A new look at the mysterious layer of the earth's surface


March 20, 2013. Mysterious layer lies beneath the earth's surface tectonic plates.

Sandwiched between two layers of rock — a rigid lithosphere and the asthenosphere is more plastic — it's a fine line like a jelly in a sandwich with peanut butter. Scientists believe that it may be saturated with moisture rock breed or partially molten rock, but there is no consensus.

"There are a lot of conflicting points of view," — said Kerry Kay, a seismologist from Scripps Institution in San Diego.

Understanding the nature of the boundary layer and its role in plate tectonics — one of the most important issues in seismology, according to the list of collected at the meeting of the Association of Research Institutes of Seismology (IRIS) in 2009.

The new scientific work, coauthored by Kay argues that frontier layer consists of molten magma, at least under ocean bottom. Off the coast of Nicaragua, under the Cocos tectonic plate and the researchers found a layer of partially molten rock thickness of 25 kilometers. The results were published March 20 in the journal Nature.

"A real surprise — said Nayf Semer, a graduate of Scripps and lead author of the work. — We went to investigate Fluid cycle of crustal rocks in a subduction zone, and stumbled on a partially molten boundary layer. "

see also discovered an unusual volcano near Mexico

In the past decade has been the main version that frontier layer probably is not blown, but weakened with water saturated with minerals, said Nayf. The scientific work of the last five years, based on the study of volcanic waves passing through layer, suggest that it is molten, at least in some areas.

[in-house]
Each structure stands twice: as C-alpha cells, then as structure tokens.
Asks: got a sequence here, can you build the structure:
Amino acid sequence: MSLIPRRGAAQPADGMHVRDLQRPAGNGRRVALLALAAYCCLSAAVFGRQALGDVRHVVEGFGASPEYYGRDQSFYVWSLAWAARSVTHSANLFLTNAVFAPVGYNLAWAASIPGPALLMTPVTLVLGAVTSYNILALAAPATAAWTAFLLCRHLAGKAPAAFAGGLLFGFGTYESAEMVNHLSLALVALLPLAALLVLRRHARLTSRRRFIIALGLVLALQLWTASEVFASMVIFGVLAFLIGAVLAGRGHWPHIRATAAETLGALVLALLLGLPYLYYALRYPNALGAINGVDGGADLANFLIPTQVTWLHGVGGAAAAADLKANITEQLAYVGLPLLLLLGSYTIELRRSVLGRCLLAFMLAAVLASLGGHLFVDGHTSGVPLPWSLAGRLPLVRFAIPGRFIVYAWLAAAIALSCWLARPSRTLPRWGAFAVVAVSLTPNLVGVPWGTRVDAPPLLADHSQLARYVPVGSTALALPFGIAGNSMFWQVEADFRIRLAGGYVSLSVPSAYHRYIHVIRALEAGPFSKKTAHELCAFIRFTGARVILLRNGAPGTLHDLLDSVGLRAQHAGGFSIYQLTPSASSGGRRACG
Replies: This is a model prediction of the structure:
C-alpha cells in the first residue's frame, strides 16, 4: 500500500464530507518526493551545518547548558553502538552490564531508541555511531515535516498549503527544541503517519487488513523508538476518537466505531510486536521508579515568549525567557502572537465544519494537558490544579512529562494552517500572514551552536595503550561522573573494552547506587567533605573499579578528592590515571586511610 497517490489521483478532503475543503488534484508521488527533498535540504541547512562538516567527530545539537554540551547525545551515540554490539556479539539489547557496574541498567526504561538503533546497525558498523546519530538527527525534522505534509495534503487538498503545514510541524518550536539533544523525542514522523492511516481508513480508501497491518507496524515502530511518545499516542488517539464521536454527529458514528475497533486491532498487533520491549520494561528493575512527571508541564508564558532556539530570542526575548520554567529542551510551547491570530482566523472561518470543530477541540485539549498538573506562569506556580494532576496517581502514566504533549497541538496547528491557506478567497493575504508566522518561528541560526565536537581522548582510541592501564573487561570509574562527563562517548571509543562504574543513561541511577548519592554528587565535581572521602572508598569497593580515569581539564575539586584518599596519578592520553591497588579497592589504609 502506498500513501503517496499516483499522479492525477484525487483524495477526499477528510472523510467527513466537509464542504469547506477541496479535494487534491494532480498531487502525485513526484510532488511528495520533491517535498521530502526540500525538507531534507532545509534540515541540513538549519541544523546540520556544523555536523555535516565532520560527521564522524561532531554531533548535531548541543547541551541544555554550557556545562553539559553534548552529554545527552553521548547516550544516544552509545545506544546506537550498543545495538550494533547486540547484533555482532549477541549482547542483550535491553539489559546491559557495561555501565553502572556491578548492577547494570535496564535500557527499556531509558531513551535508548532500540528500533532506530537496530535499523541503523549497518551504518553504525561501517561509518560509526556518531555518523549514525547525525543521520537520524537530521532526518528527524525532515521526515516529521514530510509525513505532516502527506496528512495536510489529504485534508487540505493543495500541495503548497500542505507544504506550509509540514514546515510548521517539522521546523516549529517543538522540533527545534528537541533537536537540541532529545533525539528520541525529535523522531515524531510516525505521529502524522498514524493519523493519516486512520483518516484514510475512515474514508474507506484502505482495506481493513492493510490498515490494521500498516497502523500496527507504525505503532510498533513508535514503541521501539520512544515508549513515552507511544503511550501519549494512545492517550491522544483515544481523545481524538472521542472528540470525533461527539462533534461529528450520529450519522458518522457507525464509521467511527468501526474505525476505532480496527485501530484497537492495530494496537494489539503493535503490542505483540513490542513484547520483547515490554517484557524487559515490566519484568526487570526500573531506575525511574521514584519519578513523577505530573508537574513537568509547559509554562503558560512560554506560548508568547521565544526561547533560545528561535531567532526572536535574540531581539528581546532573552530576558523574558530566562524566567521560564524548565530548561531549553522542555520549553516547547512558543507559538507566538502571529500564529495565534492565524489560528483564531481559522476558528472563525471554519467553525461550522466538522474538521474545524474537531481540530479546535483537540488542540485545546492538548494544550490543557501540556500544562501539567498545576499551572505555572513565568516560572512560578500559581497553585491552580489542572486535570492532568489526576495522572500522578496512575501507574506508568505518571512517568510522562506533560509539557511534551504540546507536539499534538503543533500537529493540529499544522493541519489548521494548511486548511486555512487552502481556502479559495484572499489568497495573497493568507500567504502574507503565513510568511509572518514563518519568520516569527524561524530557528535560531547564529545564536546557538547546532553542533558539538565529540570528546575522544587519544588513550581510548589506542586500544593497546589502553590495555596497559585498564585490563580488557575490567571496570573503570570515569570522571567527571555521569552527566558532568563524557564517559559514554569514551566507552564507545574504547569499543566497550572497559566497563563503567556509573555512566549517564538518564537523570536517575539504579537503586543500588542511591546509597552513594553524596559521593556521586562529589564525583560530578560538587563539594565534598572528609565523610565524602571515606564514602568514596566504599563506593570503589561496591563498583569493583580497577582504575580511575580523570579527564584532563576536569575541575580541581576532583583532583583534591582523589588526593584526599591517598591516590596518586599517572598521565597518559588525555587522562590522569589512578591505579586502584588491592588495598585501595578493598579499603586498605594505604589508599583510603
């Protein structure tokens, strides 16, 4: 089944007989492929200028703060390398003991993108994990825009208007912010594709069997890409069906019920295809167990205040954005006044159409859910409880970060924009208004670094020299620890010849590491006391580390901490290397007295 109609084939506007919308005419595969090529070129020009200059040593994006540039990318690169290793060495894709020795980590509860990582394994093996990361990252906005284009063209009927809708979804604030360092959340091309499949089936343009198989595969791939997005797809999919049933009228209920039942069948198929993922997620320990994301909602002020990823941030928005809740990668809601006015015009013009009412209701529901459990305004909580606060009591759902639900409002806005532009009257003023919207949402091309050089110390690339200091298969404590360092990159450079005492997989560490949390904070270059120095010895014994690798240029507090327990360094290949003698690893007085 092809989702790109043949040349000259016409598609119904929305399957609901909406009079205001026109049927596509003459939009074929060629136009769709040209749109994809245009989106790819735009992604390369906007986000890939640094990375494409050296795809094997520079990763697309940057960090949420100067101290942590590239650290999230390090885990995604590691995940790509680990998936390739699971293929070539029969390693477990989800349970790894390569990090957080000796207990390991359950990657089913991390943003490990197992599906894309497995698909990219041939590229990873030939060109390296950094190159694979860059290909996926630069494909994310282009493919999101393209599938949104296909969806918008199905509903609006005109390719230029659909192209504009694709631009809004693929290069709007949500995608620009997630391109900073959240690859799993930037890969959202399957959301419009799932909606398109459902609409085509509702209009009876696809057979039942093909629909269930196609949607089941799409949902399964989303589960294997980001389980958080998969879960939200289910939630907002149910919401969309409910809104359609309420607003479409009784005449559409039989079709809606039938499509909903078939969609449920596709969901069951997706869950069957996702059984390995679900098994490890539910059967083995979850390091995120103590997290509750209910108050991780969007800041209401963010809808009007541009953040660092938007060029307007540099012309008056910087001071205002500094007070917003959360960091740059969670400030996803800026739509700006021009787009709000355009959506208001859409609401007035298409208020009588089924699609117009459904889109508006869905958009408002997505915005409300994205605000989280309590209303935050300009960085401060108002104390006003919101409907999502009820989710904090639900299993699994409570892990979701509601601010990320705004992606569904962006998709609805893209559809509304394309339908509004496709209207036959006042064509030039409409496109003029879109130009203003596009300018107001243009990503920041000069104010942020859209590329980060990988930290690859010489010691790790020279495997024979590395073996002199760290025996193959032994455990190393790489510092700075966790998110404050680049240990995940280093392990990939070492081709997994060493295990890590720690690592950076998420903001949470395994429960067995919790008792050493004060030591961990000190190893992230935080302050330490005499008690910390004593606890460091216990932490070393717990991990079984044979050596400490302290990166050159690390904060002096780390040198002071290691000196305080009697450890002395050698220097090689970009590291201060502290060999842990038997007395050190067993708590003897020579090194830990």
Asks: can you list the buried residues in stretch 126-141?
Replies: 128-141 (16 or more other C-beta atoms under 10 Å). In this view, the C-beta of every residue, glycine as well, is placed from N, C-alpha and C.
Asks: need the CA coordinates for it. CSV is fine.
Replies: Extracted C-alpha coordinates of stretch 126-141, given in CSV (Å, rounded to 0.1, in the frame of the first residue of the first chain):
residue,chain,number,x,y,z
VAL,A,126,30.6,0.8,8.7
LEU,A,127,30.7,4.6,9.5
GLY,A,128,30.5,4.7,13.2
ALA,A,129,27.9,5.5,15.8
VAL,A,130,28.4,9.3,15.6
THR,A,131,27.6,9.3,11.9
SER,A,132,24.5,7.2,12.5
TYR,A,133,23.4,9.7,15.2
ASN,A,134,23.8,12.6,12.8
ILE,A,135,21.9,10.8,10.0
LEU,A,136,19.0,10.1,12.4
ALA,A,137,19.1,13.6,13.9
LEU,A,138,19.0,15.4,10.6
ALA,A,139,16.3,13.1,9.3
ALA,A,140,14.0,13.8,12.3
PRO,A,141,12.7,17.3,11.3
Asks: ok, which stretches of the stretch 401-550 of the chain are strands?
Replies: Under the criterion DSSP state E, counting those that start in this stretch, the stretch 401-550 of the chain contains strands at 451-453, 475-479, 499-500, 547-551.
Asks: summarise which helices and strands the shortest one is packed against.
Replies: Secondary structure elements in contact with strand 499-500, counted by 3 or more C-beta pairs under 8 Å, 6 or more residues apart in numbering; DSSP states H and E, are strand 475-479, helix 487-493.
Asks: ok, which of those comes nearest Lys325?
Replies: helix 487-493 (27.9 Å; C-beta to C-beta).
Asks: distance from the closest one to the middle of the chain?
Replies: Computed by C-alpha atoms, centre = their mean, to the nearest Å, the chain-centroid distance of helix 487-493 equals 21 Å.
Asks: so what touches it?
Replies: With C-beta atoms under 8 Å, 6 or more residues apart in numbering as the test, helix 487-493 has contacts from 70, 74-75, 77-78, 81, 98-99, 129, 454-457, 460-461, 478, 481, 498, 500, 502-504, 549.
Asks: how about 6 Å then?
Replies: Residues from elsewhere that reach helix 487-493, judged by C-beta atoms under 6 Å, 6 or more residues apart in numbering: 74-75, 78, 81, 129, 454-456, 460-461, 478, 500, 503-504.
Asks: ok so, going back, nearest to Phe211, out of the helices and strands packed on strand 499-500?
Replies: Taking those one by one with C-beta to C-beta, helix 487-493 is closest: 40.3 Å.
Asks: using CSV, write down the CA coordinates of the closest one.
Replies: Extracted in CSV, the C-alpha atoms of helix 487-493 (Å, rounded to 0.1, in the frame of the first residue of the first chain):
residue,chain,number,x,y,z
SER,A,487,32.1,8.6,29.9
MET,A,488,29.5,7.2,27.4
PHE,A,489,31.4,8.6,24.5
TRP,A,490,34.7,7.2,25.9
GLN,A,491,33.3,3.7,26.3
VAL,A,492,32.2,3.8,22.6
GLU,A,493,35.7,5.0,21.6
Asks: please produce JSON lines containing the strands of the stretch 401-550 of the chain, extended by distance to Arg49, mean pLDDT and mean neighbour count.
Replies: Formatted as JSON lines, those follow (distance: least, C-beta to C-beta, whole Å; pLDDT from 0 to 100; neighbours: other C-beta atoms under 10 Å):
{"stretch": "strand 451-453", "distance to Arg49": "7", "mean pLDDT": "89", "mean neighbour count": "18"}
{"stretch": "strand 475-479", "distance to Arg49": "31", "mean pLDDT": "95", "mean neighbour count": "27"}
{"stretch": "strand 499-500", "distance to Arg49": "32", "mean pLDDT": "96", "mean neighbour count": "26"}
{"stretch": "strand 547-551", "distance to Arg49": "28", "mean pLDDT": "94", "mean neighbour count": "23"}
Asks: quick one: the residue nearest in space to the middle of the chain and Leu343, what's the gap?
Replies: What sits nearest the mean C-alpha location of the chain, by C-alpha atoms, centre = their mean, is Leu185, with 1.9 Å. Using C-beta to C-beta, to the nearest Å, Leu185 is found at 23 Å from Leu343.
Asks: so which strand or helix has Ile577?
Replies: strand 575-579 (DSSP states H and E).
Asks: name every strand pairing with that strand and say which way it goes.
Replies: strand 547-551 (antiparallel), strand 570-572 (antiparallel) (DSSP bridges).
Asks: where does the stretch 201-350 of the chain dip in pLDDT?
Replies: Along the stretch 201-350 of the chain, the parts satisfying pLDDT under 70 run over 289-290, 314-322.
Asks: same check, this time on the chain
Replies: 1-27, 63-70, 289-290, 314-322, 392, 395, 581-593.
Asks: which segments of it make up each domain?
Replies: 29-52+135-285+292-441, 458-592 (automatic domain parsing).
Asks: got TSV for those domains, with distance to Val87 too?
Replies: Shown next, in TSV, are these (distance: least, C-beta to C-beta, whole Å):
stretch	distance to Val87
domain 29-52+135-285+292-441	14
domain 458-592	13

The researchers found molten layer beneath the Cocos plate when using equipment designed to search for subtle changes in the electromagnetic fields of natural origin. These changes help to determine the structure under the surface and are very effective to seek to volumes of liquids such as oil and gas reservoirs.

"We received electromagnetic data is quite indicative of the objects of this kind, — said Nayf. — Perhaps we could say much more [about the boundary layer] if I did more research, "- he said OurAmazingPlanet.

Lithosphere-asthenospheric boundary (LAS) is the basis of rigid tectonic plates that move over the surface of the Earth's crust on the Earth's mantle flows. Both layers are composed of rock, but the lithosphere is strong, rigid and cold, while more hot asthenosphere flow and deformation on the scale of geological time. Layer between them, molten or not, lies at a depth of 50 km beneath the ocean floor and 200 km beneath the continents.

The next step — to explain how there came from the magma, said Kay. Some studies have suggested that more ancient oceanic lithosphere is not molten LAS Nayf added. Magma could "stick" to the bottom of the geologically younger Cocos plates since its formation in the nearby spreading ridge.

Translation: Anastasia Antoshkina
Source: Live Science

Like this post? Please share to your friends: